Convince me to not use just use my Beats Studio headphones for gaming on PC

action2288

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Answers that will be rejected:


  • ■ It has no mic to use with Ventrilo, Mumble, Teamspeak. (I can just buy an external mic.)
    ■ Beats Studio headphones have too much bass and/or sound bad. (I like it.)
Backstory:

I've owned the Logitech G35 wired headset for 6 or so years. I like them a lot and have used the mic for conference calls many times (meaning it's served me well even for professional use). But they're falling apart. And either I only recently noticed or the last few software versions are screwed up or something, but they do terribly with bass. They break up as if the speaker is blown. So, I decided to retire them and finally give the Logitech G930 wireless headset a try.

Wireless is nice. But the novelty of wireless only lasted a few days. The sound is shit...even worse than my G35s. So, I'm tasked with a few options. Repair my G35s (which I may do anyway), research for a good computer gaming headset, or plug in my 2 1/2 year old Beat Studio headphones and just use those for everything.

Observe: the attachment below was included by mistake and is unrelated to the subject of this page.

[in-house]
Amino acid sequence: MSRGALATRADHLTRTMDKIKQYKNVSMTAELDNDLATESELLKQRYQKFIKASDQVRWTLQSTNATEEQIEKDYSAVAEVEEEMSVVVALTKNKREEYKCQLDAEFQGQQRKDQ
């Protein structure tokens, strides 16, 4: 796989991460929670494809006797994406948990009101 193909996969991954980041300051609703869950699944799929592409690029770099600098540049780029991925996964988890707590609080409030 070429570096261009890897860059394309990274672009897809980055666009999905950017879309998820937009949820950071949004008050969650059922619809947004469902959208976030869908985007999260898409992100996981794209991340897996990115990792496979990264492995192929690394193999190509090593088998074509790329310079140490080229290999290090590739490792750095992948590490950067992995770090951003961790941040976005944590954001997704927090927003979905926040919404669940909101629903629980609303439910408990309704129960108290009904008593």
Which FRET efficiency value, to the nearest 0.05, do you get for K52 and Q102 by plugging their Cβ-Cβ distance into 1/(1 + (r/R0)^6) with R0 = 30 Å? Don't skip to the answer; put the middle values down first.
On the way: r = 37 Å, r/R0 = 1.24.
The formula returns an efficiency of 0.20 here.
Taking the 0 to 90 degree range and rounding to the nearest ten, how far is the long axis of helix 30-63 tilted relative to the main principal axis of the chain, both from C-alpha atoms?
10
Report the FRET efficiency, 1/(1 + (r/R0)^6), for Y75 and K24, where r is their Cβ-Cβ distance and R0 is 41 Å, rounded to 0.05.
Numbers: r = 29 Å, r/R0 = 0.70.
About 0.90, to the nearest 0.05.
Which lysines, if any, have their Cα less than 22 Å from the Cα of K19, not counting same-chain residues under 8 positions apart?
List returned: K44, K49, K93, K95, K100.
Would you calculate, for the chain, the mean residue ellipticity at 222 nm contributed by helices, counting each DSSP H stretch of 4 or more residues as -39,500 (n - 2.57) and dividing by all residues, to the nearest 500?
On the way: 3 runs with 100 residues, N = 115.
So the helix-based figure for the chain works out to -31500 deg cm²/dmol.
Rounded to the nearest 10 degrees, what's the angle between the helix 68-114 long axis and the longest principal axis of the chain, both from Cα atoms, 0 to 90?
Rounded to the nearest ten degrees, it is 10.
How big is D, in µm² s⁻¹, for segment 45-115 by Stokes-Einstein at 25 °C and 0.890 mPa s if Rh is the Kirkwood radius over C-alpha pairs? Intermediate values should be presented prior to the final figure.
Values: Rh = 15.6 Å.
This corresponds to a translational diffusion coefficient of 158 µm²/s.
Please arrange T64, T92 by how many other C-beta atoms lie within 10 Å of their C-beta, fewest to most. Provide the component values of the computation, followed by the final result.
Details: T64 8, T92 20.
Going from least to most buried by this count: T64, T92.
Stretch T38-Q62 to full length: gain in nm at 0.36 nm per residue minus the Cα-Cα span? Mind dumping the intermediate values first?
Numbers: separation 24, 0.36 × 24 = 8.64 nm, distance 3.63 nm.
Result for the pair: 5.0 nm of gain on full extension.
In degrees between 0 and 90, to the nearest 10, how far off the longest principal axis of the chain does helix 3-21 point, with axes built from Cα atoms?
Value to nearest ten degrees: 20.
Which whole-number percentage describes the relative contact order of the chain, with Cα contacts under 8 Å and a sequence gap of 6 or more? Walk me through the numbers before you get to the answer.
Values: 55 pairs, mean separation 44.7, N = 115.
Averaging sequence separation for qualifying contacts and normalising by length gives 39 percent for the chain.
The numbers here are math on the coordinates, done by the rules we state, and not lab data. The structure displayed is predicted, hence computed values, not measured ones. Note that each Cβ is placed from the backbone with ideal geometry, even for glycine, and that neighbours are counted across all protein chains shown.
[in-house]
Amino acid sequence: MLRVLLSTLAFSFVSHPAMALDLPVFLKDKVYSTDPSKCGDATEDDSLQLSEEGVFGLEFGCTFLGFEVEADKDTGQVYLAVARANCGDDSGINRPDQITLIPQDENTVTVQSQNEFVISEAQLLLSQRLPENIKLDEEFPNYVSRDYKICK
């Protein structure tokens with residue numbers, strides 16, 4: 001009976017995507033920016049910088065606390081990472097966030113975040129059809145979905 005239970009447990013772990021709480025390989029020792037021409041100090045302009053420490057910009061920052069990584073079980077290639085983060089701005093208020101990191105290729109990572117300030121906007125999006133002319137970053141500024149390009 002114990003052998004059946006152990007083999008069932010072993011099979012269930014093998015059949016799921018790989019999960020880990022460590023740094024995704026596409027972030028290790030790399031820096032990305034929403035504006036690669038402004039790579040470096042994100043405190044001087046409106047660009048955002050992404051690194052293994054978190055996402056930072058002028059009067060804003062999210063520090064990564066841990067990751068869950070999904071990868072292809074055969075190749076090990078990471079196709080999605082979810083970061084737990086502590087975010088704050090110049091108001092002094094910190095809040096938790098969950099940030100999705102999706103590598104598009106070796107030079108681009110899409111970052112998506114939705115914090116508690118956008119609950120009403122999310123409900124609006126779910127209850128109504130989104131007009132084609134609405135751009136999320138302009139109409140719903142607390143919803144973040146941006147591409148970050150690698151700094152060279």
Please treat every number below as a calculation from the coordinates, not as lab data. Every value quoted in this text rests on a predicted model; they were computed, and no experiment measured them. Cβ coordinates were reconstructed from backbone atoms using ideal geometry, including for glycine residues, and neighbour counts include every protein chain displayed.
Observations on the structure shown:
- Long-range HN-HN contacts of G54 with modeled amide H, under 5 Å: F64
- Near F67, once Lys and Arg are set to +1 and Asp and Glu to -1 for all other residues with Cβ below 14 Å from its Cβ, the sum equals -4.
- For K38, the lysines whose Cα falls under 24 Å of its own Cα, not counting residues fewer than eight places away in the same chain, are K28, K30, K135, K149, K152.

I can't believe I've never read this solution soooner. No annoying tinkering with USB ports or all the other issues I read about. Amazing, loud, powerful sound. If I run over the cable or destroy it, I order another one since it's detachable. Why aren't regular headphones + a mic more prevalent for PC? I never read about that setup.

So yeah, convince me why I should use a gaming headset. Because I must be missing something. Scratching my head atm why I ever bothered with gaming headsets as opposed to these.

P.S. I also own the Bose QuietComfort® 25 Acoustic Noise Cancelling® headphones — Samsung and Android™ for airplane travel and train commuting. They're better for voice. So, that's a backup option for Netflix and such.
 

Kalevra